Birth of the Blues (Fest)

15th edition of musical event happens this weekend

Dwayne Dopsie & the Zydeco Hellraisers perform. (Courtesy photo)

MARQUETTE — Walt Lindala knows about the birth of the Blues … Fest.

“It was born around my kitchen table. My wife, April, and I, along with a mutual friend, Terry Klavitter, had gone to Lower Harbor to see the 4th of July fireworks in 2003,” Lindala said. “Afterwards, we came back to our house, and Terry and I sat around the table, talking over drinks about the pros and cons of doing a blues festival. We decided to look into forming a non-profit blues society first, to get more hands on deck. We proceeded to go round and round, back and forth, until April, frustrated with a couple of half-in-the bag guys prattling on in the kitchen, piped up from the living room, saying ‘Just put a damn ad in the paper and see who shows up.’

“We did (and) had our first meeting soon after, some folks showed up, and we went from there, holding the first Marquette Area Blues Fest at Marquette Mountain on Labor Day weekend of 2004. It moved to Mattson Lower Harbor Park the following year.”

And that’s indeed the site of what will now be the 15th annual edition of Marquette Area Blues Fest, three days of some of the greatest music in America. Lindala is the festival’s director and while he’s excited about all the acts that re going to hit the stage, he does have one in particular he’s anxious to witness.

“I’m really looking forward to seeing Dwayne Dopsie and the Zydeco Hellraisers from New Orleans on Saturday night,” Lindala said. “They are the first zydeco band we’ve ever brought to the fest, and they will blow it out. Also Sue Foley is great. I saw her a few months back playing with Billy Gibbons of ZZ Top and Jimmie Vaughan at a club in Austin, TX and she rocked the roof off of the place. She’s a great talent.”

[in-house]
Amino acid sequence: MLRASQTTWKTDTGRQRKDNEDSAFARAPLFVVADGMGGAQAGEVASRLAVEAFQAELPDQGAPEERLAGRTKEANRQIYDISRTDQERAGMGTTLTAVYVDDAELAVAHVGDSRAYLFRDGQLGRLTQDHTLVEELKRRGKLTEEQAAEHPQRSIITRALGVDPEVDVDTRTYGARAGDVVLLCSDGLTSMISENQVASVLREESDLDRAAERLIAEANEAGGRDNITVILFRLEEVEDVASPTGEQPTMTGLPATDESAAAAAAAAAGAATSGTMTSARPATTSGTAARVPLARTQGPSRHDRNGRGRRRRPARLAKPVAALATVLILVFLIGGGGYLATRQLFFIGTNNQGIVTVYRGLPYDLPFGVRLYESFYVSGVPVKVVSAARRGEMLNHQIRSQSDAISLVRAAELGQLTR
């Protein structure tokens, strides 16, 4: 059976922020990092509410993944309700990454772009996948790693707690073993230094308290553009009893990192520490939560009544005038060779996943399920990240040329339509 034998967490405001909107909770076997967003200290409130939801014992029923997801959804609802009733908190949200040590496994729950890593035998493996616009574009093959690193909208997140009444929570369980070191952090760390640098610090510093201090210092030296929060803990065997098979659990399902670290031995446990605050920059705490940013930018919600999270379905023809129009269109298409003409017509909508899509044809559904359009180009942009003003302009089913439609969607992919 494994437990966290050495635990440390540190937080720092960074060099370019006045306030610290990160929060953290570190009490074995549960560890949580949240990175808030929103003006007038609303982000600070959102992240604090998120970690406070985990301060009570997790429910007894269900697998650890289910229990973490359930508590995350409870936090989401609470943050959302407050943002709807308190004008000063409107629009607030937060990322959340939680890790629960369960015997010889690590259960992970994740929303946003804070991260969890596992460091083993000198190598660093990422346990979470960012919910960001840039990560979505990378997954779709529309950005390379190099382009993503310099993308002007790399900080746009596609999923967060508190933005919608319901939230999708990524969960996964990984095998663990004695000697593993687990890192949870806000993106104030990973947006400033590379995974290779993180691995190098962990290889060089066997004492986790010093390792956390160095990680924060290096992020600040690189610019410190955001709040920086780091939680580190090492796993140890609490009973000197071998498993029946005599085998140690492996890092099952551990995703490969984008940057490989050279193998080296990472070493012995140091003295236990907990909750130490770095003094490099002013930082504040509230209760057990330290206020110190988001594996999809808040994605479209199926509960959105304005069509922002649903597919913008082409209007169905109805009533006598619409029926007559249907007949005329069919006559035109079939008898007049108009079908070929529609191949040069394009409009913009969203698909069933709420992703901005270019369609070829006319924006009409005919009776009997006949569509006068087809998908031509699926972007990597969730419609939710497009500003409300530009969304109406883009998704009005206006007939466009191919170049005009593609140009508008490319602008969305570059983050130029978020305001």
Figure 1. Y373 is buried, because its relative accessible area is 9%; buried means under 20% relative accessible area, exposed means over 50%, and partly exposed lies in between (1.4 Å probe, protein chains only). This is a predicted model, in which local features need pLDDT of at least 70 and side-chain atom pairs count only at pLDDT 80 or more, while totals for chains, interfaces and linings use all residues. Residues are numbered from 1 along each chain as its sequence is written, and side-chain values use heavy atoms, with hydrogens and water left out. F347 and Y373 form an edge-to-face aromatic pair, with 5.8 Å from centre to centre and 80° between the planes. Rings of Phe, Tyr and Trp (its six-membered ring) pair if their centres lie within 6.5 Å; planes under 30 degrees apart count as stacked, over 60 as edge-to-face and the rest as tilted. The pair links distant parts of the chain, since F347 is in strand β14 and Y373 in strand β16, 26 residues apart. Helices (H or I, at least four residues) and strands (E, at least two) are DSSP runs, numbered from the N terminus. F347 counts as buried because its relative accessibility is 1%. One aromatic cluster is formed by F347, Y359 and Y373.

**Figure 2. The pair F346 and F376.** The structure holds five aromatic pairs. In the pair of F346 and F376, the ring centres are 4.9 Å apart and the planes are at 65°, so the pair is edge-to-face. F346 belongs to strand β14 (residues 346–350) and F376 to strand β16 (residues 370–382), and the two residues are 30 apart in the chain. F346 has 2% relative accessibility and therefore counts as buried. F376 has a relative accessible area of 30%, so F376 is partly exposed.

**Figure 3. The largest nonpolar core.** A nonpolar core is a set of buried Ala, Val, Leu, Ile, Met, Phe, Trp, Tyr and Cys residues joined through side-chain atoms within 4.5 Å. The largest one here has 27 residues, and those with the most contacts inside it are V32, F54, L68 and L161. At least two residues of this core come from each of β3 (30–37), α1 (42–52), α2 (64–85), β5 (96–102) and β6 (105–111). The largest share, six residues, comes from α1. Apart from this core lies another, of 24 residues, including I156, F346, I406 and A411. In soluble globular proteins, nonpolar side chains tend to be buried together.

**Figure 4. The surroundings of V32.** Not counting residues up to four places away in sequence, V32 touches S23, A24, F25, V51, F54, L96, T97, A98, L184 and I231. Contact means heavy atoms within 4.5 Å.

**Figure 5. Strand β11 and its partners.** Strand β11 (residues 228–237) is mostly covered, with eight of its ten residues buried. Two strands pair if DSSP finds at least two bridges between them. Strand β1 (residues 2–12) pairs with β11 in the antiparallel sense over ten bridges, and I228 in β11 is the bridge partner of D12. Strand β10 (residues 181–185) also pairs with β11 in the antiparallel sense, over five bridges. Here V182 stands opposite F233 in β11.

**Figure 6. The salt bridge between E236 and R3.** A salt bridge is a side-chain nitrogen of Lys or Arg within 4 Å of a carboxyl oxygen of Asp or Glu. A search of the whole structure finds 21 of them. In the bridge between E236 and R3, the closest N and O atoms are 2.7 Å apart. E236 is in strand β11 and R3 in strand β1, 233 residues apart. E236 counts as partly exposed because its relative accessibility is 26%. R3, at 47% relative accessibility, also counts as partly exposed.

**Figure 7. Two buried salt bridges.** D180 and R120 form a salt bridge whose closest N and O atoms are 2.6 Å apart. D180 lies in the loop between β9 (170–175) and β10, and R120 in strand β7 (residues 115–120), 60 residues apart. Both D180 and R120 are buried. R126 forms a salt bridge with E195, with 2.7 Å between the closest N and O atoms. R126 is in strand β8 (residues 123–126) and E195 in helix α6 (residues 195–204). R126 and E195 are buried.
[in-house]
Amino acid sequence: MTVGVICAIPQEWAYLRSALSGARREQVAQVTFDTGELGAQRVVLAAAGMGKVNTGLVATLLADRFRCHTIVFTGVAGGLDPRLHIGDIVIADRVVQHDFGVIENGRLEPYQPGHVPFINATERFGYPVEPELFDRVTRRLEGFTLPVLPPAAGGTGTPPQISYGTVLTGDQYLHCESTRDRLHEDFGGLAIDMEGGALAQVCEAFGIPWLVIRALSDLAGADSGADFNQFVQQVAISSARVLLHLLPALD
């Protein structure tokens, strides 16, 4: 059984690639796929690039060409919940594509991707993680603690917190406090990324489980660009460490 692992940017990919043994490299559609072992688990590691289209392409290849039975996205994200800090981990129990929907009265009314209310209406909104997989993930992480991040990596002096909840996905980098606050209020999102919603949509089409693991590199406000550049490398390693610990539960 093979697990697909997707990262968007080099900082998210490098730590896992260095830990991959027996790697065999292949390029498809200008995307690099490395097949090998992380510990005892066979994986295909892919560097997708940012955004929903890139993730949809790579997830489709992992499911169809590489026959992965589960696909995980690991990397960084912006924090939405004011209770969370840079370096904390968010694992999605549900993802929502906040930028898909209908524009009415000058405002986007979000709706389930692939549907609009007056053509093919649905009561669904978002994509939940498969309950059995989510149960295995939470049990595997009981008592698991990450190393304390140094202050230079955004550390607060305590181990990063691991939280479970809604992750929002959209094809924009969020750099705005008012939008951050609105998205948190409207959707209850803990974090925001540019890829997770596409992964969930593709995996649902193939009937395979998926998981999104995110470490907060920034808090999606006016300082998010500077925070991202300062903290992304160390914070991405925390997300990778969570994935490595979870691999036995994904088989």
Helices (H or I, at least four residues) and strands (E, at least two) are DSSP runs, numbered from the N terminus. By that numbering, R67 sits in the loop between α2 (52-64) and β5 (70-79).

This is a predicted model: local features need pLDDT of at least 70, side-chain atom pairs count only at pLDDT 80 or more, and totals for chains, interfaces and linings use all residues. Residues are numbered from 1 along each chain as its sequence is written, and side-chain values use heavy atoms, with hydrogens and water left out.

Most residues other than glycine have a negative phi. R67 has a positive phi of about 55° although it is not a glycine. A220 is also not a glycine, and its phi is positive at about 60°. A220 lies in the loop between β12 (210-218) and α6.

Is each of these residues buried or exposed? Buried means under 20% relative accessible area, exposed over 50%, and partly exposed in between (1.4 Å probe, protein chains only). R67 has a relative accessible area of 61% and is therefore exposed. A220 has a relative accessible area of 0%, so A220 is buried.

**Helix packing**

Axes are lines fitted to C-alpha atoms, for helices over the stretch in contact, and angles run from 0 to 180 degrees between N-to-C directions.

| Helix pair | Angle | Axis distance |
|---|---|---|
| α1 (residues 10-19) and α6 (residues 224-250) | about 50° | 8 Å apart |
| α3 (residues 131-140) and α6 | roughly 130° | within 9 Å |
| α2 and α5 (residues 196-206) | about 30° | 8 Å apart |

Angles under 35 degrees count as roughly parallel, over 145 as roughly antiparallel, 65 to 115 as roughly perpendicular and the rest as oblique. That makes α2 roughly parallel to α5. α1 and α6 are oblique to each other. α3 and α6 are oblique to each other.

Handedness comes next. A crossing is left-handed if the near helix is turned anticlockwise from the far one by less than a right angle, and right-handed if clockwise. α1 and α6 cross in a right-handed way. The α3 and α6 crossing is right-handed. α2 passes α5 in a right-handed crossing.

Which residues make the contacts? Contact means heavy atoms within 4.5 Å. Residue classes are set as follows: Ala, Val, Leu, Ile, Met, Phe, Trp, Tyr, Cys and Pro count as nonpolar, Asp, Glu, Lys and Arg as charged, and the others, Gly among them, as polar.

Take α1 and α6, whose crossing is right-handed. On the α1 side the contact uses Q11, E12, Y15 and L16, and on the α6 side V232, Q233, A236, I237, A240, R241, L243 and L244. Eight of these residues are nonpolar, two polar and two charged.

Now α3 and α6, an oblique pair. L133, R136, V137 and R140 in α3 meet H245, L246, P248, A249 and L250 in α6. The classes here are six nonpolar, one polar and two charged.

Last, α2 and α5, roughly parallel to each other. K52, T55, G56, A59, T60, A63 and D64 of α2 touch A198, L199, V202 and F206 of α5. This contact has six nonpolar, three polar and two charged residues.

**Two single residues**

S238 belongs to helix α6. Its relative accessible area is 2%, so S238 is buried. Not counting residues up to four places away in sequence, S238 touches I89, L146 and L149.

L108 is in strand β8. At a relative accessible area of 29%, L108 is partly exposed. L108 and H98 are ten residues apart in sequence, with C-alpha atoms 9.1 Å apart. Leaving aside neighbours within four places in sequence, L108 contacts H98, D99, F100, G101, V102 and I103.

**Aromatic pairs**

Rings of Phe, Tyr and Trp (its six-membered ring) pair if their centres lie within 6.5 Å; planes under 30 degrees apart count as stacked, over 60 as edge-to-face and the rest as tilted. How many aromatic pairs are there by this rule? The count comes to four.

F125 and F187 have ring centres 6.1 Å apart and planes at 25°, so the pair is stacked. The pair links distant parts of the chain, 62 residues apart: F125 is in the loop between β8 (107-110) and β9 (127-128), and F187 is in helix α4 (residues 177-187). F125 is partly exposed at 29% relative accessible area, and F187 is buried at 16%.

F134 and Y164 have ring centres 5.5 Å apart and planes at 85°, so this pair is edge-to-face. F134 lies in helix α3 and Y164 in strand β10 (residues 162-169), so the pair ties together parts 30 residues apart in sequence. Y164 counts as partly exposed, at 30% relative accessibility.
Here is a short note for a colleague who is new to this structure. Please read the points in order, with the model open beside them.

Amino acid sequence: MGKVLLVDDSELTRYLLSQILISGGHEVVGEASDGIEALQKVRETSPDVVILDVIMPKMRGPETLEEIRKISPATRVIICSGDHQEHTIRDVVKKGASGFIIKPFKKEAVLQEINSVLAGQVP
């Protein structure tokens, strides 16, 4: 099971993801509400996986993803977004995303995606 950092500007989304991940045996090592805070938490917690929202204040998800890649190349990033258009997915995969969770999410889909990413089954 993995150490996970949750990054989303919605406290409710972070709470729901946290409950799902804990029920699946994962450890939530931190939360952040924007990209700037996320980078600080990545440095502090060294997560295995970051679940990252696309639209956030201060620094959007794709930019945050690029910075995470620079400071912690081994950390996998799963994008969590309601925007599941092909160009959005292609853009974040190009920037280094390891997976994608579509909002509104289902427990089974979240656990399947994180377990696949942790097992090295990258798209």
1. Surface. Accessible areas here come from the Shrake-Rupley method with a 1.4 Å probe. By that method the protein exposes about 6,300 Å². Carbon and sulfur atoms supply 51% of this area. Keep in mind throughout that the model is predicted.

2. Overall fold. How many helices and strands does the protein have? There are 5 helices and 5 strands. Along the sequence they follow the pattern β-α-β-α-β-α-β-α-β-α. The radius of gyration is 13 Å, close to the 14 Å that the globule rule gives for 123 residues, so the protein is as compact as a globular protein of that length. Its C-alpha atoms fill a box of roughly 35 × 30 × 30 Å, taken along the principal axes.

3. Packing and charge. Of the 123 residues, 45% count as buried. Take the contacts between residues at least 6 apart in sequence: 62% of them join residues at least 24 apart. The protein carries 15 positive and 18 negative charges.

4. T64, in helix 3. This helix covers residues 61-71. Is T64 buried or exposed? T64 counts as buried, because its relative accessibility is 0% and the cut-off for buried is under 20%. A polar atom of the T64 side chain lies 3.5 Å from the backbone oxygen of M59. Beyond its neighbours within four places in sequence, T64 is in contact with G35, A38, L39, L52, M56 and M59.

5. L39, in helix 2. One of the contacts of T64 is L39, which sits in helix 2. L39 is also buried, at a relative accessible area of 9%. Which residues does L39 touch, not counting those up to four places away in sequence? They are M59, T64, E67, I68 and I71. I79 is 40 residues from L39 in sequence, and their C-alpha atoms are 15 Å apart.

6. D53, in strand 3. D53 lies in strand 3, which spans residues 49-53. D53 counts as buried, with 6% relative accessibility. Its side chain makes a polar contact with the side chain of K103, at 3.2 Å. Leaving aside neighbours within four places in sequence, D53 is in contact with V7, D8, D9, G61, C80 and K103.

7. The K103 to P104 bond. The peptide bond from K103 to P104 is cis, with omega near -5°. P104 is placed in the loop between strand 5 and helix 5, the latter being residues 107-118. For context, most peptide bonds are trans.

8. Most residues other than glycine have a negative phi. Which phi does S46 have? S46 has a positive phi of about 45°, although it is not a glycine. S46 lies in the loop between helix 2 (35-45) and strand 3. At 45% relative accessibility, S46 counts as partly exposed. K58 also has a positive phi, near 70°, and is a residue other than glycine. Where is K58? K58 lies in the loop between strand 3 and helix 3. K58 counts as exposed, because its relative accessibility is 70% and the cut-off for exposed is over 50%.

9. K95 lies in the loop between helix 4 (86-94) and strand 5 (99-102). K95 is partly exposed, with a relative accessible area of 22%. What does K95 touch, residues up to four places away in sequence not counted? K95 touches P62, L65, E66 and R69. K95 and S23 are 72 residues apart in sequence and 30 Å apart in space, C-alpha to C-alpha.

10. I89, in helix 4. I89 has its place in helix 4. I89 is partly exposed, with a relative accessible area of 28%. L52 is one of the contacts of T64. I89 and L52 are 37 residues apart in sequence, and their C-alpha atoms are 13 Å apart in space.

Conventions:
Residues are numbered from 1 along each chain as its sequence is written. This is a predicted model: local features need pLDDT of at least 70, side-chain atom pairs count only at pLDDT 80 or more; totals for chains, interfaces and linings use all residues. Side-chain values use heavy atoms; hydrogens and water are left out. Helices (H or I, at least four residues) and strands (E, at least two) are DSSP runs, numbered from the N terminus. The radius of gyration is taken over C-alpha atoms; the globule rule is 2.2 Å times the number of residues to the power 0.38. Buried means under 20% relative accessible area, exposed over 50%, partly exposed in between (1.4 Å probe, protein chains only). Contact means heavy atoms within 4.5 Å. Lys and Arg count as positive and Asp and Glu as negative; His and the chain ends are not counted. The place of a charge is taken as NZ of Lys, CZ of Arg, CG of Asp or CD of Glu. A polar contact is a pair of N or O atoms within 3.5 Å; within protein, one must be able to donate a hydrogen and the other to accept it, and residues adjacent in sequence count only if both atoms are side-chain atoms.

Sue Foley is scheduled to perform Sunday at the Marquette Area Blues Fest. (Courtesy photo)

It’s shaping up to be another outstanding event. Does Lindala have any special memories of past Blues Fests?

“Boy, I have SO many. It really hard to pick one,” he said. “I have to admit that what I cherish the most have been the instances of young blues bands from around the area getting to interact with the seasoned pro players that come to play the festival. The pros always really seem to like to pass on tips and stories, and I feel that helps keep the music going.”

For someone who hasn’t attended before, what’s the Blues Fest vibe?

“It’s so much more than music,” Lindala said. “There’s great food and drink, a variety of vendors selling some arts and crafts and music memorabilia, workshops for those want to learn more about the blues, and a big dance floor to get your groove on. It’s a great group of people who come together to celebrate their love of the blues.”

And for those who aren’t already blues aficionados?

“I encourage anyone who thinks the blues isn’t for them to come down to the festival and check it out. I guarantee it will change their minds and make them a blues fan,” Lindala said. “I also want to remind people that there is a special ticket rate of $10 a day available at the gate only for teens and young adults ages 15-23. That’s a great deal.”

The Marquette Area Blues Fest includes a free night on Friday and ticketed concerts Saturday and Sunday featuring on outstanding array of musicians.

For more information, visit the society’s website at www.marquetteareabluessociety.comd.

Renee Prusi can be contacted at 906-228-2500, ext. 240.